Gary Crosby Sextet: Mingus Moves

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Tomorrow’s Warriors

Gary Crosby Sextet: Mingus Moves

From 09 November 2023 to 31 December 2025

Born in London of Jamaican parents in 1955, and nephew of the legendary Jamaican guitarist, Ernest Ranglin, Dr Gary Crosby OBE is a towering figure in British jazz.

He has earned a reputation as one of the UK’s most respected bassists and band leaders; as well as Gary Crosby’s Nu Troop, he founded Jazz Jamaica, and is Artistic Director of Nu Civilisation Orchestra.

As Co-Founder of Tomorrow’s Warriors, he has nurtured the early careers of hundreds of aspiring young jazz artists, including 2023 Mercury Prize winners Ezra Collective, Nubya Garcia, Soweto Kinch, Denys Baptiste, Moses Boyd, Shabaka Hutchings, ESKA and many more. His awards include an OBE for Services to Music, he was the first Black musician and first jazz musician to receive The Queen’s Medal for Music 2018, and 2021, Crosby was awarded an honorary doctorate, Doctor of Music honoris causa, by the University of London Institute in Paris.

Leading his powerhouse sextet Mingus Moves is a celebration of one of the most iconic jazz bassists and composers.

An instantly recognisable figure as he played double bass, Charles Mingus was an imposing physical presence on stage. However, it was his skill as a composer that set him apart, bridging the eras of Ellington and Parker and into the free improvisation of the 1960s. His music continually reflected his venturesome mind and he left behind a legacy of iconic jazz recordings – Black Saint and the Sinner Lady, Mingus Ah Um, Blues and Roots and Mingus Mingus Mingus being just a few.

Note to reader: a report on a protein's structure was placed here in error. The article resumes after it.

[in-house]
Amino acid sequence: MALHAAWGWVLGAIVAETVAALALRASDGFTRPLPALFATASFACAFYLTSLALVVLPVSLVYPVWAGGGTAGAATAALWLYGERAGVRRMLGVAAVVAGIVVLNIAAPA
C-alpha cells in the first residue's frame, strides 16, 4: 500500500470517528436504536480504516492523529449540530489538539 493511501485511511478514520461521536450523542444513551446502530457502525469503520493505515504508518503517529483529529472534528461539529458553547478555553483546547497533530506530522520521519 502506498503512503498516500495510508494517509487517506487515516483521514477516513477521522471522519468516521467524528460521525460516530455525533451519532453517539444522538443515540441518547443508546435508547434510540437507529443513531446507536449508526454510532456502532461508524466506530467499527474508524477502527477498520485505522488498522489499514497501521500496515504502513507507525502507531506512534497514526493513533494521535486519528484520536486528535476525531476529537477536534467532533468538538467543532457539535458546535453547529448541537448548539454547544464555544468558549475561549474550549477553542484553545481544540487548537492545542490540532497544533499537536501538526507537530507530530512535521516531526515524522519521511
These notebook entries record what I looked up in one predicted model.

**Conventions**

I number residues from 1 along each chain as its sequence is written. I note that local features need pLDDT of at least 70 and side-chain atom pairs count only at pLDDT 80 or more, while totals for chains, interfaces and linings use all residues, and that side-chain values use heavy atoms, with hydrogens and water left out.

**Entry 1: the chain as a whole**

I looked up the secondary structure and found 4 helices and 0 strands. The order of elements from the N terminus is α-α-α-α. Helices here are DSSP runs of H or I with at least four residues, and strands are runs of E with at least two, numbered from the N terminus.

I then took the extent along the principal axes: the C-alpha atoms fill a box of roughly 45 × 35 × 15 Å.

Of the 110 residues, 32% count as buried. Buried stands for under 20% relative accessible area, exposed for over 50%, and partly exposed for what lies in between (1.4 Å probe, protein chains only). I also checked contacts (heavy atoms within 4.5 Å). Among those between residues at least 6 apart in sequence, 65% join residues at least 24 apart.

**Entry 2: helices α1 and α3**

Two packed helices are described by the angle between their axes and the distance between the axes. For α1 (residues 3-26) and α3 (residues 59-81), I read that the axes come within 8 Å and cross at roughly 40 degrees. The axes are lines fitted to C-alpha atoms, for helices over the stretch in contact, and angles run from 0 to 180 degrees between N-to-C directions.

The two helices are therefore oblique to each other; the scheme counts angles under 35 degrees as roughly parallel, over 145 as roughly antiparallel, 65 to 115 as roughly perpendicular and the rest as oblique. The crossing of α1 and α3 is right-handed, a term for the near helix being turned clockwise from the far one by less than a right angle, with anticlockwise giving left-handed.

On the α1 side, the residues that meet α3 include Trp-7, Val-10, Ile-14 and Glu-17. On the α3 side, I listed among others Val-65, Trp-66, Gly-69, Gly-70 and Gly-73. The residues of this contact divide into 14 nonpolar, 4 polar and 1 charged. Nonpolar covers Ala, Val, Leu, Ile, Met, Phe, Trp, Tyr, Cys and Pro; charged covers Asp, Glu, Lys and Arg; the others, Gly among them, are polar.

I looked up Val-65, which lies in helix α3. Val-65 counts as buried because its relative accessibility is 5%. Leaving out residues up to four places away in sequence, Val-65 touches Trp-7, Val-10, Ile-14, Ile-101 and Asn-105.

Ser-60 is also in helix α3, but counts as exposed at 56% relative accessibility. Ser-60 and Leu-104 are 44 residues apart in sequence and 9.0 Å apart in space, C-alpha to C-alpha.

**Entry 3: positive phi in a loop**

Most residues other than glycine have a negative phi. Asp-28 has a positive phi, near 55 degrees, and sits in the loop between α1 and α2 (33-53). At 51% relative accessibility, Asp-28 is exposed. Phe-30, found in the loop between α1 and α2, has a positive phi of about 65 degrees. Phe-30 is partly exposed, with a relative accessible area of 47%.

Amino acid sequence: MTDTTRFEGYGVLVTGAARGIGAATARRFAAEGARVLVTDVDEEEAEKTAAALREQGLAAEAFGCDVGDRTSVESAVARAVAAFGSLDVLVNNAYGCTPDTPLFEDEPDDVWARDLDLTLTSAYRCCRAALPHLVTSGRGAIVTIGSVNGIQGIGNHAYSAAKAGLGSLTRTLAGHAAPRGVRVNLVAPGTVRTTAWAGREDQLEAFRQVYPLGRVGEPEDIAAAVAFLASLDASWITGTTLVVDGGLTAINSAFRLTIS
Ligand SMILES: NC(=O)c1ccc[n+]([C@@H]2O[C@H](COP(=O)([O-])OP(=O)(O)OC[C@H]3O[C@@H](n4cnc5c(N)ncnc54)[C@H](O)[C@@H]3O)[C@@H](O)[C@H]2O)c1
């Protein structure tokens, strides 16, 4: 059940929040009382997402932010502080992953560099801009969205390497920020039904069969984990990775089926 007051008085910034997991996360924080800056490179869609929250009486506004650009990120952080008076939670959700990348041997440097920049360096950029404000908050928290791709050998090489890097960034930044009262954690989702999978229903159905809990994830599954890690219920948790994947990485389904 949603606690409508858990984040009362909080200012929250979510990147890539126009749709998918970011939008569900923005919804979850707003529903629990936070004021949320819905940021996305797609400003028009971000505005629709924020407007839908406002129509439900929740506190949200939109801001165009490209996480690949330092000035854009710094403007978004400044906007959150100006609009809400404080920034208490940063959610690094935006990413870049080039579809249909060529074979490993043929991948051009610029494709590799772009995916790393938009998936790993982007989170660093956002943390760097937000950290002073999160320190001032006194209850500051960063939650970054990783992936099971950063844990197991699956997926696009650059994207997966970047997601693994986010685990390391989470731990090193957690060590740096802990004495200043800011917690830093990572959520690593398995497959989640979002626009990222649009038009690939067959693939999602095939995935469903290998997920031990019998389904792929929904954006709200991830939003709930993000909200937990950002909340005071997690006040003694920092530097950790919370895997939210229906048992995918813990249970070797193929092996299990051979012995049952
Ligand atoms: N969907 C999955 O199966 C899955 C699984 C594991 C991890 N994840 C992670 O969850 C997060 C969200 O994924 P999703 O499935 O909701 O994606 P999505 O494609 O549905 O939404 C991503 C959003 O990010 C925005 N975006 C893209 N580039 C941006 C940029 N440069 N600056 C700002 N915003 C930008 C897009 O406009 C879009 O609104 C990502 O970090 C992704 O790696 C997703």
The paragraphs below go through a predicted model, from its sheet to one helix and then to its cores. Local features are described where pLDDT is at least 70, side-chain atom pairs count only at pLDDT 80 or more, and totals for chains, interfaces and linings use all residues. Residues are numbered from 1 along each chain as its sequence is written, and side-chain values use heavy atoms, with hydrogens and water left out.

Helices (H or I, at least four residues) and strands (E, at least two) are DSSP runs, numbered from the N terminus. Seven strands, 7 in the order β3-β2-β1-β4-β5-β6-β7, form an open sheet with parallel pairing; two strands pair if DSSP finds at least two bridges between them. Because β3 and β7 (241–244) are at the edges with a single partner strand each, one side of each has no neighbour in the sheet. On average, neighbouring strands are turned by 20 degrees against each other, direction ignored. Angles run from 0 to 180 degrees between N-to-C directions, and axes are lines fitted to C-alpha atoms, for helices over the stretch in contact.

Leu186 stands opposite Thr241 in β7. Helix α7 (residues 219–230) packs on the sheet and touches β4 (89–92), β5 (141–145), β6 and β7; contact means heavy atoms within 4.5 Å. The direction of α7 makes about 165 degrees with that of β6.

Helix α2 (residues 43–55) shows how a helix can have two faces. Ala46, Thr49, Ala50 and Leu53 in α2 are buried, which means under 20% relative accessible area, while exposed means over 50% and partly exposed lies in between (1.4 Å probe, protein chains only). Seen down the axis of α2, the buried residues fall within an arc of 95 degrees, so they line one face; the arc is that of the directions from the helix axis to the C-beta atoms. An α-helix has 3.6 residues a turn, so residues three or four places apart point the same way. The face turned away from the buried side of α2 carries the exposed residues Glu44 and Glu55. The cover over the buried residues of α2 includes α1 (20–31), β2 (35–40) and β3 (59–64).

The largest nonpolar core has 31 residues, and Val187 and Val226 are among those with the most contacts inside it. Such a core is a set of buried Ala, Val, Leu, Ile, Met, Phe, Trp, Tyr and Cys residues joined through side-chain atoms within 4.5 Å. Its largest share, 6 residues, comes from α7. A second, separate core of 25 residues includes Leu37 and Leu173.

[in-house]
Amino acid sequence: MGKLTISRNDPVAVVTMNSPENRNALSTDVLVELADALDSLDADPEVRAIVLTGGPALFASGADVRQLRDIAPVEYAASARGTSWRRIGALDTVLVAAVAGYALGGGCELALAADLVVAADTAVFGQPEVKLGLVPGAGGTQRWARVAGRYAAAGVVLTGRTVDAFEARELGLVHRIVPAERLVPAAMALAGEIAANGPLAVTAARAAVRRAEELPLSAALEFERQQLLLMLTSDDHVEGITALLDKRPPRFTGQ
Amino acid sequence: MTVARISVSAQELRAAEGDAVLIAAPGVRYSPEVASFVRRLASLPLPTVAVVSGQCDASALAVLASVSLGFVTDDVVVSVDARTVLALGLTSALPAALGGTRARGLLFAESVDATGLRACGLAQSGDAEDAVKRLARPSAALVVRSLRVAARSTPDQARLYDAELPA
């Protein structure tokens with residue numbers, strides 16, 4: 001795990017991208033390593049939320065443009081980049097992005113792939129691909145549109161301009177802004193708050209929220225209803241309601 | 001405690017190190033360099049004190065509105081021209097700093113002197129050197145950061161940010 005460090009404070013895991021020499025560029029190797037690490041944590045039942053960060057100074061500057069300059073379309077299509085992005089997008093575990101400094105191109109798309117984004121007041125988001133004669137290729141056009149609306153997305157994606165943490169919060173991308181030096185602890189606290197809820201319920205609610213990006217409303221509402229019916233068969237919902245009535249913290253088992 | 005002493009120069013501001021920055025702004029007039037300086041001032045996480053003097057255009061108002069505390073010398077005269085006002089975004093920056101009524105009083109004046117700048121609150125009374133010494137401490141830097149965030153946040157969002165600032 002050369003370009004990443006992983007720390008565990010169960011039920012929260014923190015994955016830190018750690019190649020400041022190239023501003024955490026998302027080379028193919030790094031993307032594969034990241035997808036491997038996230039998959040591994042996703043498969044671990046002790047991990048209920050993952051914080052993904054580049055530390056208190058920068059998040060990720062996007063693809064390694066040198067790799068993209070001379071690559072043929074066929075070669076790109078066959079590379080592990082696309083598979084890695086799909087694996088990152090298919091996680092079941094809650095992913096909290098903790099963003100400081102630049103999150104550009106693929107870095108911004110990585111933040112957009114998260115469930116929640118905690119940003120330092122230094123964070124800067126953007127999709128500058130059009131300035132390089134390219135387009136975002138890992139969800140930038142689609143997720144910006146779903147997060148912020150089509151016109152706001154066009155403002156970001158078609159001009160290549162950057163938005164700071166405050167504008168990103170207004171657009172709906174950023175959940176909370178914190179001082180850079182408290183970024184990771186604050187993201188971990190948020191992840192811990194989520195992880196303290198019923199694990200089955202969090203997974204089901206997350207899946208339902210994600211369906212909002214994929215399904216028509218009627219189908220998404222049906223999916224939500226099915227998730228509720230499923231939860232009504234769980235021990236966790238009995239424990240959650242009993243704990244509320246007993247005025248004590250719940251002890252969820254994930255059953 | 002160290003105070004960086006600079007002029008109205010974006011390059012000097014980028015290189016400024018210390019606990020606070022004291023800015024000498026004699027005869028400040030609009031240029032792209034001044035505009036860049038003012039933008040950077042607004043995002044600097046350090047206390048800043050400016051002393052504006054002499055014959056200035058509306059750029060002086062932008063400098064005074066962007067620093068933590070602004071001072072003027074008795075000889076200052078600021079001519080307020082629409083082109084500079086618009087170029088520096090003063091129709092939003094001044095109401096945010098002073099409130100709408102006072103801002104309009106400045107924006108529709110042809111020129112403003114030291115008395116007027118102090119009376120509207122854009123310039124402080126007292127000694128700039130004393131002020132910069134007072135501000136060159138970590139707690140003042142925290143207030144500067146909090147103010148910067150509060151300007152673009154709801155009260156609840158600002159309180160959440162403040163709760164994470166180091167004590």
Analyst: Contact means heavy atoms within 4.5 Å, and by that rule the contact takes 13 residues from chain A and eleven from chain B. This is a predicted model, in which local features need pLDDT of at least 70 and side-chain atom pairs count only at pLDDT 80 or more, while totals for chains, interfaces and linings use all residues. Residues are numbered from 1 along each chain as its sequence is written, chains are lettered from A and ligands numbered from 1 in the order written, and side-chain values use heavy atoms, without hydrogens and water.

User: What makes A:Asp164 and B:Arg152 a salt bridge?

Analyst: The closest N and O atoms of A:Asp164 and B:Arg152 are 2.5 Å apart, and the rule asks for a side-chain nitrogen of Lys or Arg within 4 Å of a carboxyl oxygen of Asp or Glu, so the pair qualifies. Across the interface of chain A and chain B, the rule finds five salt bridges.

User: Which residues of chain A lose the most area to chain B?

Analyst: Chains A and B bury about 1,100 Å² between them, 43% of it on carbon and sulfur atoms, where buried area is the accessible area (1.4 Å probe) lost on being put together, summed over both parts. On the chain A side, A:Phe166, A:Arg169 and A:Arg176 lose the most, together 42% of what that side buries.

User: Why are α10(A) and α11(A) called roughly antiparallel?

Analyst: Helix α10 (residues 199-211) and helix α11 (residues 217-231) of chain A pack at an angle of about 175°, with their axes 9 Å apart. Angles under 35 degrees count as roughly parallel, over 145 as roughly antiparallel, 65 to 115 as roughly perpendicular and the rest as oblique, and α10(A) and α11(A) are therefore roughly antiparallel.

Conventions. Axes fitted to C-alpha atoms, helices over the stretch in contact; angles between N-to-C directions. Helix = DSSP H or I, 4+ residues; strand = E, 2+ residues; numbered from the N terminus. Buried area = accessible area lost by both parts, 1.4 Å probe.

For this special celebration Crosby will lead his sextet through his personal favourite from the Mingus catalogue – Mingus Moves, recorded in 1973 and possibly his last great album. There will also be some classic Mingus tracks including Goodbye Pork Pie Hat and II BS.

As well as being a fellow double bass player, when asked why the music of Mingus has a special hold over him as a jazz artist, Crosby explains:
“He was STAUNCH! He never compromised the music or held back on his beliefs.  Yes, Mingus embraced improvisation, or as he called it ‘extemporisation’, but it starts with the power of his compositions and the belief that he had in his music.”